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Our Owner, David Wertz is Retiring so we are no longer taking clients

Financial Planning for those Just Starting

This Financial Planning discussion is aimed at those in their 20s and early 30s whose career is just getting started. You probably don't have a lot of money now but you do have a bright future. Most of your contemporaries are living for today but you know that you panning ahead now can pay big dividends in the future. This page describes the things that you can do now that will have the biggest impact.

There are two part to a Financial Plan

  1. Protecting what you have already
  2. Preparing for the future

Protecting what you have

You probably don't have a lot of money now but you do have a future. You need to protect it.

  • Have Health Insurance and Car Insurance
  • Pay your bills and make debt payments on time. Everyone looks at your credit history -- employers when you are looking for a job, landlords when deciding whether to rent to you, and, of course, people who you are deciding whether to lend you money. Any failures now will harm you for years to come.
  • Pay off credit card balances. This is VERY expensive debt.
  • Create an emergency fund equal to 3 months to 6 months of expenses for emergencies or if you lose your job.
  • Have Disability Income Insurance, which replaces lost wages if you become disabled and unable to work for a period of time.

Note that many employers offer Health Insurance and Disability Income Insurance as a part of their benefits package .

WHY a House is More of a Liability than an Asset

A house more of a liability than an asset because it meets the definition of a liability. Namely, a liability is something that costs you money both now and in the future. As everyone knows, maintaining a house and paying taxes on a house is very expensive.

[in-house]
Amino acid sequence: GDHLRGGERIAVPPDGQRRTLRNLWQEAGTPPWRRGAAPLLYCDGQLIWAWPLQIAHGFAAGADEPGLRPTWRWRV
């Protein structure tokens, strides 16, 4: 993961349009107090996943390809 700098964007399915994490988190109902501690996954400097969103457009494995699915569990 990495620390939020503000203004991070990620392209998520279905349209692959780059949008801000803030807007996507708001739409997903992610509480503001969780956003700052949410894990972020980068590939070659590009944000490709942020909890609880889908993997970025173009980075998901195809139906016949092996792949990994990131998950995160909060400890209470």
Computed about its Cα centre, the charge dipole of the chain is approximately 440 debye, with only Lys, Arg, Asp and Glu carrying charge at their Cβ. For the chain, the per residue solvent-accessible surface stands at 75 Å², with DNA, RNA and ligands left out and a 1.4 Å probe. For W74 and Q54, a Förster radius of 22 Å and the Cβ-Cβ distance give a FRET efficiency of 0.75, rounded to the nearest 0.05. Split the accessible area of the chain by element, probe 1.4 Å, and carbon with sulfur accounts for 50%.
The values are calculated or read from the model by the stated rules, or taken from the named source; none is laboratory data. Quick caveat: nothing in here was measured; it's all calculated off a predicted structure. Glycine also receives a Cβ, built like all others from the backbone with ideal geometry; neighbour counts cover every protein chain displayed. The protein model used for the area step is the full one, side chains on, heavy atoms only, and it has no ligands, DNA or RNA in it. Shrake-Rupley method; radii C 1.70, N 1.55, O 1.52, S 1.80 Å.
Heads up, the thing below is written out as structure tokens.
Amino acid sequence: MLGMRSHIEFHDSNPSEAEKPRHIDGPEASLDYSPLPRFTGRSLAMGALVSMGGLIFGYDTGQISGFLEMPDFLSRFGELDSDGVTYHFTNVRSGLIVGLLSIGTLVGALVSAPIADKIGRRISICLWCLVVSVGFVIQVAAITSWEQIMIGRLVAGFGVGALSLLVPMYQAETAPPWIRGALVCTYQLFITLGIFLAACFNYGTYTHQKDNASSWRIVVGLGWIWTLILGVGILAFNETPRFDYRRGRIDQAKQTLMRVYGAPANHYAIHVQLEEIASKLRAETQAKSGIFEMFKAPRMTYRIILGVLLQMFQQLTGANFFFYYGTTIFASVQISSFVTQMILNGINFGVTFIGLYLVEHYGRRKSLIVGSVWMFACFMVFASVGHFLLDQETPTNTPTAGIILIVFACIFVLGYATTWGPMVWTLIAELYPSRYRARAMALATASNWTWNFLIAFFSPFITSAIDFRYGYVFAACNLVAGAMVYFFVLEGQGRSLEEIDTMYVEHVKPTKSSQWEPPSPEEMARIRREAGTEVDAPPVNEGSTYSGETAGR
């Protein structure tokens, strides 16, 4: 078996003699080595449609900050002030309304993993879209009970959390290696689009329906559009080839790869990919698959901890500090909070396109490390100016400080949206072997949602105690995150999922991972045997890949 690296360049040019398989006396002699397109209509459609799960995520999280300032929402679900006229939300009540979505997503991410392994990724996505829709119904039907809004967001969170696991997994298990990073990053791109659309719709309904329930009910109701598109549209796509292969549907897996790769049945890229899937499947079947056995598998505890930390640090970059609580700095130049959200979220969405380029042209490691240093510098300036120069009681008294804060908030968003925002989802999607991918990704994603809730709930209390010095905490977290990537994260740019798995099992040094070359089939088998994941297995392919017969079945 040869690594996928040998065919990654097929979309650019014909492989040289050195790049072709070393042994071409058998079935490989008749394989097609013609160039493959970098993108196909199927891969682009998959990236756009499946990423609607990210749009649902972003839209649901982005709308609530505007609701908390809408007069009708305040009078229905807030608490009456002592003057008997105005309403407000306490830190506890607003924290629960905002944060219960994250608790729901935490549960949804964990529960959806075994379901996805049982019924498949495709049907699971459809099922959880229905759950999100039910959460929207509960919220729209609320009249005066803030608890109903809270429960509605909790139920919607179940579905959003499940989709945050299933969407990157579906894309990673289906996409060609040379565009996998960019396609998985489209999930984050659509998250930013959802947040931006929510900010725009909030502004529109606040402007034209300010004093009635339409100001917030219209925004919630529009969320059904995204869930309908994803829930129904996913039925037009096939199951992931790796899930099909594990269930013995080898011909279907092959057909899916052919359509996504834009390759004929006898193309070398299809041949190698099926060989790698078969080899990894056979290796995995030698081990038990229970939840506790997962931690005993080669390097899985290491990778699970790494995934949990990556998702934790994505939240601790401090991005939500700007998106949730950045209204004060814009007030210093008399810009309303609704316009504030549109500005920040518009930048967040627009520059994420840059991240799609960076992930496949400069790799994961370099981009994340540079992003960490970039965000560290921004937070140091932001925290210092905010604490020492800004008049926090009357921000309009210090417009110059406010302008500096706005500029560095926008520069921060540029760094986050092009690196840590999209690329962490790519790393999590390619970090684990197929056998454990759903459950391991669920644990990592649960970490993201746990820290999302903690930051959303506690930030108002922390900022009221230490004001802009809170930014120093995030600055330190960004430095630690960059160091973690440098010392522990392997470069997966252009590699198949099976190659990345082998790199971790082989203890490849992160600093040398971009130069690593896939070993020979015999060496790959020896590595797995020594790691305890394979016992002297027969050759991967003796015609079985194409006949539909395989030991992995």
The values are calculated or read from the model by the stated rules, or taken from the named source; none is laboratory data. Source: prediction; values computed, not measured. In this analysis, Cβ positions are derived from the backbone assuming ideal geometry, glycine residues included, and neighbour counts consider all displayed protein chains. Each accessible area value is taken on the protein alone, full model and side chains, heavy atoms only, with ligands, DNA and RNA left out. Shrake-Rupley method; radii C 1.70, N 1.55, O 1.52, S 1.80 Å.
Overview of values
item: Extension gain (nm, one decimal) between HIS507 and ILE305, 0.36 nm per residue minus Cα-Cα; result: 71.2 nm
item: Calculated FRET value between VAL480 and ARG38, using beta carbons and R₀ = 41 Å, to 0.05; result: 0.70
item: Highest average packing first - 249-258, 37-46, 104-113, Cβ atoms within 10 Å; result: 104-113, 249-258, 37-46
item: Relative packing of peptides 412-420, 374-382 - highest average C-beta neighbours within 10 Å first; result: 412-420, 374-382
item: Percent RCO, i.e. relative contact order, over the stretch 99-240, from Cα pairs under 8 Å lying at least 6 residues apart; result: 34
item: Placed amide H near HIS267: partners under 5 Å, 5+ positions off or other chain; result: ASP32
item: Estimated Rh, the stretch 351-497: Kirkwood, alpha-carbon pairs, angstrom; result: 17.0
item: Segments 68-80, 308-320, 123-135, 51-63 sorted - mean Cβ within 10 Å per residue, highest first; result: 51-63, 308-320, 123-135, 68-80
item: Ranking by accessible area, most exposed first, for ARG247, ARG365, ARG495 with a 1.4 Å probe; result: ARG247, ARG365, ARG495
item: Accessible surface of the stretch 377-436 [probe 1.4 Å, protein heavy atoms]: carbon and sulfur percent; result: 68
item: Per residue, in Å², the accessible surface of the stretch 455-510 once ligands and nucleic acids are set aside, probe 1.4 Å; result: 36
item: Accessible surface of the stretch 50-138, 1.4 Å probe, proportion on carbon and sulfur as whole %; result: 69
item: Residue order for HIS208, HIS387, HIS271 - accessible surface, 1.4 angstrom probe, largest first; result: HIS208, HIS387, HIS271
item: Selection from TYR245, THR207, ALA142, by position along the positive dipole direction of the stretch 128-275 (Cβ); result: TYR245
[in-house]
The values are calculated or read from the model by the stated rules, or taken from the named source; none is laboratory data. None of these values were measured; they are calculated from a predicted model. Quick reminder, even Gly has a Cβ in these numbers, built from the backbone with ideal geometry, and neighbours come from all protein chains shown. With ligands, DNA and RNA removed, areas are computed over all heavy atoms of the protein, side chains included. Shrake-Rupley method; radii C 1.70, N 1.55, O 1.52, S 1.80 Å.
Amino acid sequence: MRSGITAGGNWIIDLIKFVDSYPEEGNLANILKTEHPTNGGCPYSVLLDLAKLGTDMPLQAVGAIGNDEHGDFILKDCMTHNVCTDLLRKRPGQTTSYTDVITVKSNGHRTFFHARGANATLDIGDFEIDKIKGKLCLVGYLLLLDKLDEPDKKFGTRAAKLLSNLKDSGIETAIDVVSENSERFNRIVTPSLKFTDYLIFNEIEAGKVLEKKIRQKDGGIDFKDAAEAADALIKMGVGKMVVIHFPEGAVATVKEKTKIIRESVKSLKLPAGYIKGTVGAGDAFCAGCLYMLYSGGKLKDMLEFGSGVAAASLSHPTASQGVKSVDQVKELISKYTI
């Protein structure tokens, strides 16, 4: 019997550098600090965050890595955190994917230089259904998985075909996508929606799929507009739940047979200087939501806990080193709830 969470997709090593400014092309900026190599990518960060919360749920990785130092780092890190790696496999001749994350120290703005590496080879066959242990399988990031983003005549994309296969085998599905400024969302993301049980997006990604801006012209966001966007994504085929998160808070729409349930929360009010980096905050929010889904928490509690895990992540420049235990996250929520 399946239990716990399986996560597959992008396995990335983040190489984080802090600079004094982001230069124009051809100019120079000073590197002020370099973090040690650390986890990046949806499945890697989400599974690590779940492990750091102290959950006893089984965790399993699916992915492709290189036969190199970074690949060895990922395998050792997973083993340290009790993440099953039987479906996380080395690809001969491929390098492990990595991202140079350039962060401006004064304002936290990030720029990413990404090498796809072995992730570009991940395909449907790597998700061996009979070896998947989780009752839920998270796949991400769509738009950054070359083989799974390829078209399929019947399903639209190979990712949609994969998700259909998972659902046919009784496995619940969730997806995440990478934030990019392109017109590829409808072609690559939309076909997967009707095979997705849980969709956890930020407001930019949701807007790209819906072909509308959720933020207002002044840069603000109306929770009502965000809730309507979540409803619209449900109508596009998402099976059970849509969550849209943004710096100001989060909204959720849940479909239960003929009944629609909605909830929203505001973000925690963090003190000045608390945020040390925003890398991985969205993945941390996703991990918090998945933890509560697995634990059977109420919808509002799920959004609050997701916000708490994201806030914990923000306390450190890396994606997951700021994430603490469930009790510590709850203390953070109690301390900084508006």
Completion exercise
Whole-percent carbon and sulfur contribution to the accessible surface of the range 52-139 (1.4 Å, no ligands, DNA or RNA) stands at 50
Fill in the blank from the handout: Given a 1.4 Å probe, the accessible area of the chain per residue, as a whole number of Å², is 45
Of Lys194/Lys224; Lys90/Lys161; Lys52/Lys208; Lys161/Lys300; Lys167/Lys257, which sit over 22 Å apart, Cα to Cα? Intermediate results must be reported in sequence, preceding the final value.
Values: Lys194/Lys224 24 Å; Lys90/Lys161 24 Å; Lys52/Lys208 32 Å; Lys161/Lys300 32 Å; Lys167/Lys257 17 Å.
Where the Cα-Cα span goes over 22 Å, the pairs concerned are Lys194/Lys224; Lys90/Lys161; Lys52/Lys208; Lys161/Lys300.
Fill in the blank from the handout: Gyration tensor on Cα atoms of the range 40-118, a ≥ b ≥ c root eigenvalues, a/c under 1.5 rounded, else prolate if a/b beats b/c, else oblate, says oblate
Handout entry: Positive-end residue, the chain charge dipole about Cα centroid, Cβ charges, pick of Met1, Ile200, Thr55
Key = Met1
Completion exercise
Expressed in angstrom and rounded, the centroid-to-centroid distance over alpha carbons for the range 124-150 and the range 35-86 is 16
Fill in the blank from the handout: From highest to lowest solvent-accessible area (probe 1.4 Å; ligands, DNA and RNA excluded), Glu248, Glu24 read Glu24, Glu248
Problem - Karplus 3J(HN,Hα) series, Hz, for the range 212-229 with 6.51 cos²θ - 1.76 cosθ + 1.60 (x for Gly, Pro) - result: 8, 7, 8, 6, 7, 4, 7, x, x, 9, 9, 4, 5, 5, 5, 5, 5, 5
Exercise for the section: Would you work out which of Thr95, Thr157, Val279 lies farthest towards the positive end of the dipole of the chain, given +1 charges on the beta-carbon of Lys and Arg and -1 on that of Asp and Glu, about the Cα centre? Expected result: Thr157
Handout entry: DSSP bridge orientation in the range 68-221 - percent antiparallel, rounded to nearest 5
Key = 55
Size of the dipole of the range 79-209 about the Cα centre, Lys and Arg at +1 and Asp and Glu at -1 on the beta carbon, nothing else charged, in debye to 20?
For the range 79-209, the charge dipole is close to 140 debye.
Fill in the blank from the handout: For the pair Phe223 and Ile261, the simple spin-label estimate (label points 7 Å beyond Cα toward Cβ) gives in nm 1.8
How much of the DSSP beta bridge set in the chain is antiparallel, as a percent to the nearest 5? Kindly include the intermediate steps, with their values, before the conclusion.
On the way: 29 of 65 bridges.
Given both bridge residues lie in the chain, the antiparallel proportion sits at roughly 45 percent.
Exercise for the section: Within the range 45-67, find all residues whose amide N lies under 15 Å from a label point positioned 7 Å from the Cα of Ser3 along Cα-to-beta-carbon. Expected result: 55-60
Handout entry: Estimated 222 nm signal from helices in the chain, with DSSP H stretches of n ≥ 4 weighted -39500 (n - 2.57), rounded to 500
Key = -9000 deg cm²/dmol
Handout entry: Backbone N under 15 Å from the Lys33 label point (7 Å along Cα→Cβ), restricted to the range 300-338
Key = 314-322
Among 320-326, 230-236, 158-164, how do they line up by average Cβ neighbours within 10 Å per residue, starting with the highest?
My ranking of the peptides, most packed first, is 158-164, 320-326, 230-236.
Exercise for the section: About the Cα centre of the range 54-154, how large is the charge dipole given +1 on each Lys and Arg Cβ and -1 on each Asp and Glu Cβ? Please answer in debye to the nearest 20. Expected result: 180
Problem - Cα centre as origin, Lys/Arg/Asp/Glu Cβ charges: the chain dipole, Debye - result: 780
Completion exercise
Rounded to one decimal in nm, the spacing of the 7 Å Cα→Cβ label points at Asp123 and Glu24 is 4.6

Of course, everyone needs a place to live so we are not telling you not to buy a house. What we are saying is:

You should buy the house that you need NOT the house you can afford.

Establish good financial habits

The things described below will help you right now. However, what is most beneficial about them is that they put in place habits that will pay dividends over and over during your entire life.

Make a budget and stick to it

Start savings regularly. Have 10% to 15% of each paycheck go automatically into savings. This strategy is know as "Payingself first." The amount earmarked for retirement should go into a Roth IRA or Roth 401(k).

Many employers will match your contributions to a retirement savings plan up to some maximum amount. This is FREE MONEY. Don't pass it up! Usually, however, the amount of your savings that the employer will match is below the minimum 10% that you should save so getting these matching contributions is just a start.

In retirement you need $150,000 saved for each $10,000 of income you need to replace because you are no longer working. In addition, each child you send to college will cost $100,000+. Read our web page The Advantage of Starting to Save NOW.

Read our comments above on why a house is more of a liability than an asset.

Let's Get Started Planning Your Financial Success

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